It helps social workers to restructure and formulate some important and fundamental social concepts and principles, the most important of which are the formulation of general social policies, methods of communication, and behavior in societies.

Industrial sociology:
Industrial sociology is the study of the behaviors of people at the workplace and is concerned with the social formation of industrial organizations and the emerging relationships between them and the social system in general.
The sociology of work examines the direction and implications of trends in technological change, labor markets, globalization, managerial practices, work organization, and employment relations.

Military sociology: 
Military sociology is an interdisciplinary subfield of sociology that aims to systematically study the army as a social group rather than as a military organization and it examines issues such as military social organization, race and gender representation in the military, military families, military recruiting,  war and peace, and the military as welfare.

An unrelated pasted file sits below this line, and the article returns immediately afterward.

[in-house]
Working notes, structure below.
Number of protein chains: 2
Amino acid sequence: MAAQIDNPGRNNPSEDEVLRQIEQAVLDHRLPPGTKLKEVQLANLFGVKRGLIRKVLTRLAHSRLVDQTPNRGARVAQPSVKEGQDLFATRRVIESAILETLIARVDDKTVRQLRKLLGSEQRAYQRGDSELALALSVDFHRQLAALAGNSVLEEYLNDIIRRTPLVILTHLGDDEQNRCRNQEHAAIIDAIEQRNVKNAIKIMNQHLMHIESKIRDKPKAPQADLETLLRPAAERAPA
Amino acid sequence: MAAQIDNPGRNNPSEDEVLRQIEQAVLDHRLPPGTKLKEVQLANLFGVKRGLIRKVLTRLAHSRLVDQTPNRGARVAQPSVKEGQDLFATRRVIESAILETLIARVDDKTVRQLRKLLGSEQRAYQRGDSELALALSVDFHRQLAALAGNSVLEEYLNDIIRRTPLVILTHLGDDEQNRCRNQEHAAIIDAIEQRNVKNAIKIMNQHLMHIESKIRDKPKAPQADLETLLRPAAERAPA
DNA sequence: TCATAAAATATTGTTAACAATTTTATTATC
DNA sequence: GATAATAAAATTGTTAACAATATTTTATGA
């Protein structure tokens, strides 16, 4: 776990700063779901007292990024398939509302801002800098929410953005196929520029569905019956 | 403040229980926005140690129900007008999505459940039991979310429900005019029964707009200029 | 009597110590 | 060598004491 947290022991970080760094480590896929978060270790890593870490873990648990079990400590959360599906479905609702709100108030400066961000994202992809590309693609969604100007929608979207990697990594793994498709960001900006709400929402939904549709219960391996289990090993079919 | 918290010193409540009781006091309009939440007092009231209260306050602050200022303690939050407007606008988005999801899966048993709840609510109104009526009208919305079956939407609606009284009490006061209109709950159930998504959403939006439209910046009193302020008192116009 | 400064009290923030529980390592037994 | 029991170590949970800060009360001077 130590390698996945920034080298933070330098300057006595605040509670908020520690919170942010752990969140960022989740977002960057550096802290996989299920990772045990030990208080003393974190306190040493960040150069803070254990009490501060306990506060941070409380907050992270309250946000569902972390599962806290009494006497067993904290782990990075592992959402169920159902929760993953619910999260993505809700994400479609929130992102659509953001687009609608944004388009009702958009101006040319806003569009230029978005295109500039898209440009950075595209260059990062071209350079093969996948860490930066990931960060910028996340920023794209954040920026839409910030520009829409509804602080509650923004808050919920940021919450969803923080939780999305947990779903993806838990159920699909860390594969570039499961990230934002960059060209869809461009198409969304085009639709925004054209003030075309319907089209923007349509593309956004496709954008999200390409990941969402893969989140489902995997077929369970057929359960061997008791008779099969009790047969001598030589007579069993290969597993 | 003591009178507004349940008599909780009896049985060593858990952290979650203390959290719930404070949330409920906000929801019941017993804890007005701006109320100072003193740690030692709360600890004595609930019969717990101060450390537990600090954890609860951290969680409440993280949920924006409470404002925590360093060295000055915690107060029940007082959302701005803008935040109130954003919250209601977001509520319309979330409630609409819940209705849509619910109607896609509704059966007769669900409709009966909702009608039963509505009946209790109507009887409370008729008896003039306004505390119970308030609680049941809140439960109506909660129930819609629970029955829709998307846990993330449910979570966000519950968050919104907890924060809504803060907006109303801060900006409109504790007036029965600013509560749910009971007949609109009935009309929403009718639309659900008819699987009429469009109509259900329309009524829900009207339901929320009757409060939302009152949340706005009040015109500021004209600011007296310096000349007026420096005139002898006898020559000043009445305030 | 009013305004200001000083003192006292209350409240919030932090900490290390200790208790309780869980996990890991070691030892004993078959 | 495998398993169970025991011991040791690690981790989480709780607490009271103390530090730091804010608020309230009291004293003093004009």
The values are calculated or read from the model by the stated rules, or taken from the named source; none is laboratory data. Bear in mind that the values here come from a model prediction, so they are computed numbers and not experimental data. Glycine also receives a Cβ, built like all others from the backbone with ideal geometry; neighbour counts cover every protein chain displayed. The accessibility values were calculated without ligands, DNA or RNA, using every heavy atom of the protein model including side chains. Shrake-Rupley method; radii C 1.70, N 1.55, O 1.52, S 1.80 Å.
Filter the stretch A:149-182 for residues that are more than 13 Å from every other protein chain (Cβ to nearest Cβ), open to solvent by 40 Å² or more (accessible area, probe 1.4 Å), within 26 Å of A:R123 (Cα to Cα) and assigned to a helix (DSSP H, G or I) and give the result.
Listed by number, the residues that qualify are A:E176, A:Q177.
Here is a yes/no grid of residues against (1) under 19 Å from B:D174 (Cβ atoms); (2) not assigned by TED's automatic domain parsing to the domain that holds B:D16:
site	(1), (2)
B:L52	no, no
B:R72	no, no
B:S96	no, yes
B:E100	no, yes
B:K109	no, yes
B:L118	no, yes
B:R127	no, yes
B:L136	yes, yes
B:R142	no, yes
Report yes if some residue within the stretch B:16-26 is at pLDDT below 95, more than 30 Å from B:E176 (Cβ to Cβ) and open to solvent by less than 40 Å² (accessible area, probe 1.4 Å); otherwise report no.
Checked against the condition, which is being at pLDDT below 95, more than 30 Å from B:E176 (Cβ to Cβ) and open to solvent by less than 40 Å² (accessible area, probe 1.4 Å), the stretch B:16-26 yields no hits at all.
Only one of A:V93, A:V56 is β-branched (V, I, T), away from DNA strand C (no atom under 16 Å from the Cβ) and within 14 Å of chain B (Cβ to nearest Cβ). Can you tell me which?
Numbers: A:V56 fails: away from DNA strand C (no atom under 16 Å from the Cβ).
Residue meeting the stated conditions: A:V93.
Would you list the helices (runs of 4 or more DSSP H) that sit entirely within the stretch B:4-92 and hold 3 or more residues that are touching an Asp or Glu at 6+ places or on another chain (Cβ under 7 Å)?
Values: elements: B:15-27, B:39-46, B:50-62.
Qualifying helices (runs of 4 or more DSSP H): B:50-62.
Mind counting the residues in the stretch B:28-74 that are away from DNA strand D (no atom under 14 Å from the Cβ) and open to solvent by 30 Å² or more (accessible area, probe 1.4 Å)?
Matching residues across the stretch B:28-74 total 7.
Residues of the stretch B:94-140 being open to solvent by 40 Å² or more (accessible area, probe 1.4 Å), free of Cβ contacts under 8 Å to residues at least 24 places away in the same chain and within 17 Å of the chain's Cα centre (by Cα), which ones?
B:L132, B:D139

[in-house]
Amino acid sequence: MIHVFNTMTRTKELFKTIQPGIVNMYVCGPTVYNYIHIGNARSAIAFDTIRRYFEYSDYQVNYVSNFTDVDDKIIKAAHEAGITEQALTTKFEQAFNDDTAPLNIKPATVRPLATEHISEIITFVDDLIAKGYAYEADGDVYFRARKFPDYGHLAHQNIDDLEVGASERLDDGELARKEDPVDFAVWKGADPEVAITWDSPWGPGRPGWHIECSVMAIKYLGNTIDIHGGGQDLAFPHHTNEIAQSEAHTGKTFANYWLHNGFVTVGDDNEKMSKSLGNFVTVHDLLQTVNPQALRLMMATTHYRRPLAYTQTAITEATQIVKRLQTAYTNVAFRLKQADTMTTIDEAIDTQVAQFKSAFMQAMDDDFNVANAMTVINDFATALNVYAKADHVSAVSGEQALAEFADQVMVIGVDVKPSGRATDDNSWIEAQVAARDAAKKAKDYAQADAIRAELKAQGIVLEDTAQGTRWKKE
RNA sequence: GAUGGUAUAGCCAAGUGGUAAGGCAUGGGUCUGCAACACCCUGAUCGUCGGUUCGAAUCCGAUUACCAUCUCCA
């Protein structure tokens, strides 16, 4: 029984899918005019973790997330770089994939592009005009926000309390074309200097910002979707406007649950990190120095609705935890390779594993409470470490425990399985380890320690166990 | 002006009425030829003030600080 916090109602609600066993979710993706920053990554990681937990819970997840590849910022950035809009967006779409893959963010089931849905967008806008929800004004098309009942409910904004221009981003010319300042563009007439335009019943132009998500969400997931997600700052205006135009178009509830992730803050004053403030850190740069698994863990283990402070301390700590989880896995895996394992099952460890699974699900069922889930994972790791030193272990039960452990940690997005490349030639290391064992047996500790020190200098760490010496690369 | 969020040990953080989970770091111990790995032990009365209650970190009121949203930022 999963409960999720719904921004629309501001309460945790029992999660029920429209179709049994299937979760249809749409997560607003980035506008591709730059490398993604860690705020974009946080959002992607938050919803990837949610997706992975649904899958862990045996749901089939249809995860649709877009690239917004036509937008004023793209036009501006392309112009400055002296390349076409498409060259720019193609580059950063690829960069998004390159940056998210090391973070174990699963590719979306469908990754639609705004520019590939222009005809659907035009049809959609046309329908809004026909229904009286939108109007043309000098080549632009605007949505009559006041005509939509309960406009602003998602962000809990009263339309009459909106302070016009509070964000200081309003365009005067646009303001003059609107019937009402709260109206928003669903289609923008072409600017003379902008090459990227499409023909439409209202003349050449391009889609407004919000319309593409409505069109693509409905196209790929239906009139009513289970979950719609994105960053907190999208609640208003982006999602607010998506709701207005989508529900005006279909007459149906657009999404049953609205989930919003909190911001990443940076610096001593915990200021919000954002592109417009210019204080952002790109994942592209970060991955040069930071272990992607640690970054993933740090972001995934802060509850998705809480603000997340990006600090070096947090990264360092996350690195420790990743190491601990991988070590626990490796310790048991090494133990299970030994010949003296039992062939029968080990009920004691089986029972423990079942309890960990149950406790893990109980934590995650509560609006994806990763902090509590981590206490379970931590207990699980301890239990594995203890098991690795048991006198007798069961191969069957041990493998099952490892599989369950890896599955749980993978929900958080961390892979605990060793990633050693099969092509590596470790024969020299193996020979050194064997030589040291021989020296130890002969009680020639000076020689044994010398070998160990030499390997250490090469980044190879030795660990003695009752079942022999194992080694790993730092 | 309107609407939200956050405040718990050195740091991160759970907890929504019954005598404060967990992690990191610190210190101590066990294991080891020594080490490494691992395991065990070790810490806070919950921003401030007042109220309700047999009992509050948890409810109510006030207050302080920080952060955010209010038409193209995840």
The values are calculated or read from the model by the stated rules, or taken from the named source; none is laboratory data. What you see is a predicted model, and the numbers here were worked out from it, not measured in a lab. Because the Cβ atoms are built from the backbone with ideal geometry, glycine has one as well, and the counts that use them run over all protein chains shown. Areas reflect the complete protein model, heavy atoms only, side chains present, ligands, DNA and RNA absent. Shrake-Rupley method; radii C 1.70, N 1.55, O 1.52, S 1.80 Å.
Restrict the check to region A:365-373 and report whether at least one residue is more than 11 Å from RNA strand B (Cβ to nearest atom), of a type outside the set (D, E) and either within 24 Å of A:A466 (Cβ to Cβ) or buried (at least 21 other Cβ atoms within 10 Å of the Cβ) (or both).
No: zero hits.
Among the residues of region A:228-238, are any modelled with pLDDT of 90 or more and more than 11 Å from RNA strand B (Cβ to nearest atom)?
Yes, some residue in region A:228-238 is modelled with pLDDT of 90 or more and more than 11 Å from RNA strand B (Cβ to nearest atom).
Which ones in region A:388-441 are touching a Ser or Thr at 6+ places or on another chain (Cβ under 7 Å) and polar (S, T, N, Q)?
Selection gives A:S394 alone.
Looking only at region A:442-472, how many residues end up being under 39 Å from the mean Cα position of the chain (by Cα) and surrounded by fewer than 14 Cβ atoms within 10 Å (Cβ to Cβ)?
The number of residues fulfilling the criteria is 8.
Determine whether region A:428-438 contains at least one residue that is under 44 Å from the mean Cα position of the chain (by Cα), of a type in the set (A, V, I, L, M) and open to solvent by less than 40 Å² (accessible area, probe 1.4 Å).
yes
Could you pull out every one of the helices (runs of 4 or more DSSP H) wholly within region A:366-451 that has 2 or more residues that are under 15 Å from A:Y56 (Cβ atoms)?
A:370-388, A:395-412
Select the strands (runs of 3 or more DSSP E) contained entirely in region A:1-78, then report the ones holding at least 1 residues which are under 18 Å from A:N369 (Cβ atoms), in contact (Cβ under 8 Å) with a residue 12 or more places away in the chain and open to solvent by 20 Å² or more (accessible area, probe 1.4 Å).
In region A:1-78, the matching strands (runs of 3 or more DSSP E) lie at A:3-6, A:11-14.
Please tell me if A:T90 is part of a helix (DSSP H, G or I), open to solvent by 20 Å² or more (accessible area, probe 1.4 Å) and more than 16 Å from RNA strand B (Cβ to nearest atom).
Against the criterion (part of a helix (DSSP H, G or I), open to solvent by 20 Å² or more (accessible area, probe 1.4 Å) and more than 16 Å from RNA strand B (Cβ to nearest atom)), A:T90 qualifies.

Military sociology uses social concepts, theories, and methods to analyze the internal organization, practices, and perceptions of the armed forces as well as civil-military relations and interactions between other groups or government agencies.

Criminal Sociology:
Criminal Sociology (criminology) is concerned with the causes of crime and the social factors that led to it, as well as the prevalence of crime, its methods, and patterns. It tries to link this to the different cultures of societies and the different living conditions of individuals.
Sociology of crime aims to empirically understand, develop, and test theories explaining criminal behavior, the social structural factors, the formation and enforcement of laws, and the operation of the criminal justice system.

Legal sociology:
Sociology of law (or legal sociology) refers to the sociological study of law and legal systems and their relationship to social structure.
Sociology of law focuses on understanding legal mechanisms and legal practice, as well as establishing the foundation of jurisprudence.